More on The Case for Insider Trading: Legalize It!
Suppose, for example, that shares of Acme Inc. are now selling for $50 per. Suppose also that an insider knows that Acme’s CEO and CFO have been cooking Acme’s books to make Acme appear to the public to be more profitable than it really is. If that insider can trade on that non-public information — obviously, by shorting Acme stock — the price of Acme stock will start to fall immediately upon the commencement of such insider trading.
Any trader who buys Acme stock after this insider trading commences gets a ‘fairer’ price — a more truthful price — than that trader would have gotten if Acme’s shares were still trading at $50 due to the fact that information about Acme’s true financial state remained private and unincorporated into Acme’s share price.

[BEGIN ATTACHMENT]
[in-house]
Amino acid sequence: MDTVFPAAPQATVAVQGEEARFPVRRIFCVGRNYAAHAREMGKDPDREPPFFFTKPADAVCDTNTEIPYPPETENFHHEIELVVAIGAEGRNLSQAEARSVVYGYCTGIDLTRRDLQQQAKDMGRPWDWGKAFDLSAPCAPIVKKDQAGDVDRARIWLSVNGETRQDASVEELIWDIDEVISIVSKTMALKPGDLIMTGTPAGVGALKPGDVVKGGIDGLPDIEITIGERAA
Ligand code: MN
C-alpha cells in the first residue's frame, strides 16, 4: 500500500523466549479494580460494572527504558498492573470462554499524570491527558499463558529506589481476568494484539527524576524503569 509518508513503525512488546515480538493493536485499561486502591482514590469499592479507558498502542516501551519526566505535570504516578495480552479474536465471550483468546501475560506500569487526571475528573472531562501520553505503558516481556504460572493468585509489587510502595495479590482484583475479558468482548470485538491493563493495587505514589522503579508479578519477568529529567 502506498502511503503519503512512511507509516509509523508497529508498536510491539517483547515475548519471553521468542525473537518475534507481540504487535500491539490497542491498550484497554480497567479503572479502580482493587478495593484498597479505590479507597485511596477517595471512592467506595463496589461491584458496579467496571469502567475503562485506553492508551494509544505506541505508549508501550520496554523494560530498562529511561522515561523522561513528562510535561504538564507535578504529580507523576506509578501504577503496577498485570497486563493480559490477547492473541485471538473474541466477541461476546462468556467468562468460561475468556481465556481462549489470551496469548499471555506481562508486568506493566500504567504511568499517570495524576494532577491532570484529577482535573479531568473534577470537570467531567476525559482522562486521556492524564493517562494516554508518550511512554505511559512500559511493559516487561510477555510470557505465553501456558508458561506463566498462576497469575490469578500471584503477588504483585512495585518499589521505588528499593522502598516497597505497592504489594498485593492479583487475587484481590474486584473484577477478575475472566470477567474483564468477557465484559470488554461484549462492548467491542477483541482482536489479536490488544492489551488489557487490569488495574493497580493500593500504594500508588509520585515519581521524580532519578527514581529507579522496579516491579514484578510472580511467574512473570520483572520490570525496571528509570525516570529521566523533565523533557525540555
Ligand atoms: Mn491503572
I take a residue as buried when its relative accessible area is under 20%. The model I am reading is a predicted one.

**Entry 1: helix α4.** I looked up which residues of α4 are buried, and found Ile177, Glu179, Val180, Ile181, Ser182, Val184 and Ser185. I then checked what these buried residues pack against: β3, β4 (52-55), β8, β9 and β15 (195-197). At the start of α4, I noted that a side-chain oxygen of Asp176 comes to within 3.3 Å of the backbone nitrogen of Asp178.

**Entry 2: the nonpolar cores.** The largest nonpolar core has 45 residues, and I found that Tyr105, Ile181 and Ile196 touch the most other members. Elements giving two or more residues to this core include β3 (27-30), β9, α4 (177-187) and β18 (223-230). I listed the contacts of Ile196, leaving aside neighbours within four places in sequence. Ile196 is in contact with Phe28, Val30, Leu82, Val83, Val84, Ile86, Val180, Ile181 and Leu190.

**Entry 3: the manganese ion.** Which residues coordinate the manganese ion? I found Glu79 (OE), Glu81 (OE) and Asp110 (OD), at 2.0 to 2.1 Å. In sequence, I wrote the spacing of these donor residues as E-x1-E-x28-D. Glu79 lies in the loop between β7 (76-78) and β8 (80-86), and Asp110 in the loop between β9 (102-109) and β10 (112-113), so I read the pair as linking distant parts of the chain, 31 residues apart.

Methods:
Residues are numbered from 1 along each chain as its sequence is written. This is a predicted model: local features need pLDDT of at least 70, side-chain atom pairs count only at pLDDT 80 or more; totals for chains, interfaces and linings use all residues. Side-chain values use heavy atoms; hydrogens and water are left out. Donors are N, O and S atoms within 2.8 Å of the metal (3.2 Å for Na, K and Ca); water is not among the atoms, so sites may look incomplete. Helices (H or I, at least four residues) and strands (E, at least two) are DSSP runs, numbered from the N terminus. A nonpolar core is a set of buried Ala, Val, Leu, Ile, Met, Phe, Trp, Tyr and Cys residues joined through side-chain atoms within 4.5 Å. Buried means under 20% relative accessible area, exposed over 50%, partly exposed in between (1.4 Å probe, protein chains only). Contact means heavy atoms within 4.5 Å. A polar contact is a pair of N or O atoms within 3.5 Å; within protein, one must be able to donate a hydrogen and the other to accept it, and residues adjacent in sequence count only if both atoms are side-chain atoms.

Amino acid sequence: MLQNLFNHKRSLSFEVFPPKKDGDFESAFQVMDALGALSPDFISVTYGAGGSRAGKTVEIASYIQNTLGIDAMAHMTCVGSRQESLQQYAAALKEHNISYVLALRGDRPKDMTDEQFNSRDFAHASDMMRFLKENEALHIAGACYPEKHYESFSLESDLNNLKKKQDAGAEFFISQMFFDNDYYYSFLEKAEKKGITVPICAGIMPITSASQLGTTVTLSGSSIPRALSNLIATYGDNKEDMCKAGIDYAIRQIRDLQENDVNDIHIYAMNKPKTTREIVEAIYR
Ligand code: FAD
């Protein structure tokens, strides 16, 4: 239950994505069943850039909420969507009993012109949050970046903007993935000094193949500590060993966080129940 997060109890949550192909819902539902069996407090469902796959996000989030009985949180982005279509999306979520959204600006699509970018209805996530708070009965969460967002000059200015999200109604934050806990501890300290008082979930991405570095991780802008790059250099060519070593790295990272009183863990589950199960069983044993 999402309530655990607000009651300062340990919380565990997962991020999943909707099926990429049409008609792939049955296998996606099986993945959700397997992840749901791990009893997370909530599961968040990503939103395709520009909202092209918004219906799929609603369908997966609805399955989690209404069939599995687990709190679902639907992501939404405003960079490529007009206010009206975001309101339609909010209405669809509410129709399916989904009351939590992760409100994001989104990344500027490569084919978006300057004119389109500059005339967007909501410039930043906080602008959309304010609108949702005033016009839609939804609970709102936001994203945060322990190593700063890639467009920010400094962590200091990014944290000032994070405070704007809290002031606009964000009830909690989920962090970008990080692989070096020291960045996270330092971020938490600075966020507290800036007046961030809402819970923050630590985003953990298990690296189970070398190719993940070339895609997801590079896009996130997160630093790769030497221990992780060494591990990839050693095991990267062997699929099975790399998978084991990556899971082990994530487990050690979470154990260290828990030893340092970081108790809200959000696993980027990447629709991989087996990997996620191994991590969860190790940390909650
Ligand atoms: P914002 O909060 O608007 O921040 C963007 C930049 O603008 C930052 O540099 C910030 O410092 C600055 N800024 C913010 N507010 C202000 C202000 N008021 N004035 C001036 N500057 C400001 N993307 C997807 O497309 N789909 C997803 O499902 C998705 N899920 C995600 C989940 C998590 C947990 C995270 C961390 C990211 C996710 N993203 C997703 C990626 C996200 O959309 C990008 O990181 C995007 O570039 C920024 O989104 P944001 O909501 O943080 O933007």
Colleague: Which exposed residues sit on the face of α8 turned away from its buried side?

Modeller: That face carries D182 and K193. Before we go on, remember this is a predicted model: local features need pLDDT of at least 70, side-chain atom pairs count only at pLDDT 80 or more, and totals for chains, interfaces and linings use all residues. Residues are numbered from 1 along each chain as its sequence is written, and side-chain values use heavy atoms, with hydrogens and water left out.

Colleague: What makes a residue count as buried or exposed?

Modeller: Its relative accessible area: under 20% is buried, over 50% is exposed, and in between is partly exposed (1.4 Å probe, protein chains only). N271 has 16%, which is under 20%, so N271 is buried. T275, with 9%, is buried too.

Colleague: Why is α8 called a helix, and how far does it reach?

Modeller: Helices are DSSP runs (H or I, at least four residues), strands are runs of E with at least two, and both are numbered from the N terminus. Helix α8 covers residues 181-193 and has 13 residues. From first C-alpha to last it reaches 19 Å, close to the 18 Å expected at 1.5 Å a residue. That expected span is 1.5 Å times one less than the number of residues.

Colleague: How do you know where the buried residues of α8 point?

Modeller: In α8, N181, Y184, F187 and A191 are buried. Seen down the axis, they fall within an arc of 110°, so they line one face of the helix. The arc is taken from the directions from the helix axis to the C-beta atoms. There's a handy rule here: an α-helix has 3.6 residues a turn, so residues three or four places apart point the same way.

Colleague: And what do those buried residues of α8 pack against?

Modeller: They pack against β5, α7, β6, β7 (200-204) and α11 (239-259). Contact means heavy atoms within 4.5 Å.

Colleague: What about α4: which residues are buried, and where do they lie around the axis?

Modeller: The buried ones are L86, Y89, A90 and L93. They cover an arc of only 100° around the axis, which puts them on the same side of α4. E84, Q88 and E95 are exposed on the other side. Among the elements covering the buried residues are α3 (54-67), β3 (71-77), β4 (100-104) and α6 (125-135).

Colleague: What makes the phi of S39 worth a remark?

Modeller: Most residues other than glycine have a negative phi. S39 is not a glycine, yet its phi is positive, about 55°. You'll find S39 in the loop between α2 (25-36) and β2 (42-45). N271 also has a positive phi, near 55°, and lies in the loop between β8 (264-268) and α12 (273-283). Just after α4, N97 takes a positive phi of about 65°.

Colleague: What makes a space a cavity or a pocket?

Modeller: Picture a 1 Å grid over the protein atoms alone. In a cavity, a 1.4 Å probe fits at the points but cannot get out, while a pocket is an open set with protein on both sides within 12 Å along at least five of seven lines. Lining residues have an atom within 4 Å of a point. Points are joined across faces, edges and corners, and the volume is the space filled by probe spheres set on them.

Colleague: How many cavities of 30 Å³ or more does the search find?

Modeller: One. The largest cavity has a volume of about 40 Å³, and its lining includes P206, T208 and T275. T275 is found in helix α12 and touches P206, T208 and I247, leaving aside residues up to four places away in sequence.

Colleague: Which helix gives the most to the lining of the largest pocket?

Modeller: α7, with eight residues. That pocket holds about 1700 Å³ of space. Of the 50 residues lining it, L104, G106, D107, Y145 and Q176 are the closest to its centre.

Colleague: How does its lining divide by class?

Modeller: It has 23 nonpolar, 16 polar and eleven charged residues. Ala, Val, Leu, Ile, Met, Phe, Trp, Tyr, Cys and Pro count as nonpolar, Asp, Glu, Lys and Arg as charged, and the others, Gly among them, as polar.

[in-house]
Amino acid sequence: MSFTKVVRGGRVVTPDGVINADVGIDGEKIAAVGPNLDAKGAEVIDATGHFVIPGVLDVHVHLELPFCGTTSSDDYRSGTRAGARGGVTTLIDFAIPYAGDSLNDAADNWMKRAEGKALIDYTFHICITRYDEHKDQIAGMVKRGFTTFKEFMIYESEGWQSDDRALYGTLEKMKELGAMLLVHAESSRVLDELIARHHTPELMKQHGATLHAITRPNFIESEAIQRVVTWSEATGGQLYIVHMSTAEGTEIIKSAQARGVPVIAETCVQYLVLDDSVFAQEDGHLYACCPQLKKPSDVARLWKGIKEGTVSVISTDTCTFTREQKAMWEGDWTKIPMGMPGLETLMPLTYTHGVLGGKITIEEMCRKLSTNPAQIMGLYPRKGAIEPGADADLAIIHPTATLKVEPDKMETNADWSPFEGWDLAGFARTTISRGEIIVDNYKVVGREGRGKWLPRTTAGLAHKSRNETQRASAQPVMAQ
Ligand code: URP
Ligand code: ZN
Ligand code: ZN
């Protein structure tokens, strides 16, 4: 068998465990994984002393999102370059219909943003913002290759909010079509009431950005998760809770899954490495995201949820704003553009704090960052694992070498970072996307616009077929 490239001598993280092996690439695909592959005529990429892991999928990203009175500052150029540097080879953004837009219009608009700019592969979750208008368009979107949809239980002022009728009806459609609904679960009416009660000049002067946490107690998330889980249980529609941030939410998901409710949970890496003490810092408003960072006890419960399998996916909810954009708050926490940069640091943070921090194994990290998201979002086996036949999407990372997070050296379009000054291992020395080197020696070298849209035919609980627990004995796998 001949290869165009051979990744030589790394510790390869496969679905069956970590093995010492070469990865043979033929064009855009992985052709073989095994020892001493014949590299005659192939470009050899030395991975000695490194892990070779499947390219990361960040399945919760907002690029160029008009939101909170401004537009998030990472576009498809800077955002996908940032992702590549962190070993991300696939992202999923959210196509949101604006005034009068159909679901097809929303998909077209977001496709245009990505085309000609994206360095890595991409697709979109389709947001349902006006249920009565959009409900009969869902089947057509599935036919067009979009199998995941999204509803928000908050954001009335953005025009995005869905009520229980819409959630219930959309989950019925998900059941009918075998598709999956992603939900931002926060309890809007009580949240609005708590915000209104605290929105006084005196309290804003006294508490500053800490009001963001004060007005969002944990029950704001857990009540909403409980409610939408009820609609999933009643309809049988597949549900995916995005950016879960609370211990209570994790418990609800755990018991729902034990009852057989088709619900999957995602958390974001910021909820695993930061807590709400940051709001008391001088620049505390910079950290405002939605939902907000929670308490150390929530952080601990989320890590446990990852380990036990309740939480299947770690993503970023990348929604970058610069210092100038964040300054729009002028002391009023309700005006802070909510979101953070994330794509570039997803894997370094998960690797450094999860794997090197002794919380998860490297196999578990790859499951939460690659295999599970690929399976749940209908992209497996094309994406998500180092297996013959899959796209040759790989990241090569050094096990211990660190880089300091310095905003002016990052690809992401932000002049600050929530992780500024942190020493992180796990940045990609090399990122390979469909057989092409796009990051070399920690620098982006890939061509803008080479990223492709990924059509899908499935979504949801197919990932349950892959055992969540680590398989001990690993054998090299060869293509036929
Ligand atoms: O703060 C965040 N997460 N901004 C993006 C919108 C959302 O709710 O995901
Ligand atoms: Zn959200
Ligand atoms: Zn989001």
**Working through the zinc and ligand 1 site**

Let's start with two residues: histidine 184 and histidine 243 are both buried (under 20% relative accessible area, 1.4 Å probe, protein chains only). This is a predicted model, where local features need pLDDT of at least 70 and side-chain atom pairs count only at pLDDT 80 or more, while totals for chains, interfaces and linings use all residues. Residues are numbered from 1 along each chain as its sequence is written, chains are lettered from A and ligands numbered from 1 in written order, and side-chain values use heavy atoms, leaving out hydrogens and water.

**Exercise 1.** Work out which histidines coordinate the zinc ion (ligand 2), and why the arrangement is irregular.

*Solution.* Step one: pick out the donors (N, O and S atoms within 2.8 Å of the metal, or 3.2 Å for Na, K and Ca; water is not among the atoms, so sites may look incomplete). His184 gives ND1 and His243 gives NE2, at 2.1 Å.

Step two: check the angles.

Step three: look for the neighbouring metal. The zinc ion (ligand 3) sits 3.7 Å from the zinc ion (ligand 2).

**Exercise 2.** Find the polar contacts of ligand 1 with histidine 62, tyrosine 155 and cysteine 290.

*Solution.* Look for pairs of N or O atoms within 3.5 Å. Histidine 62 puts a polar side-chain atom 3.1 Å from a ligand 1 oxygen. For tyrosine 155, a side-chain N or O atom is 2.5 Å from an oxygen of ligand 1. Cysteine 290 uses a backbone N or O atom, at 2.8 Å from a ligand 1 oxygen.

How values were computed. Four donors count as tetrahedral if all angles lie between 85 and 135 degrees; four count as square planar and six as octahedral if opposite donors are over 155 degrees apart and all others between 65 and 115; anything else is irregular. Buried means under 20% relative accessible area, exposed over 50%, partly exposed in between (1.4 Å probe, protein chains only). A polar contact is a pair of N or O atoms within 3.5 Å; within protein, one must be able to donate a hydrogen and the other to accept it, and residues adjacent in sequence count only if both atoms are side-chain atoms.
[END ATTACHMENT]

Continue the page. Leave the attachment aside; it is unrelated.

To the extent that insider trading causes prices to reflect asset values more quickly and more accurately, general investors should be more confident in asset markets and, hence, more likely to invest their earnings in such markets.
From Don Boudreaux at Cafe Hayek, following up on his WSJ article "Learning to Love Insider Trading."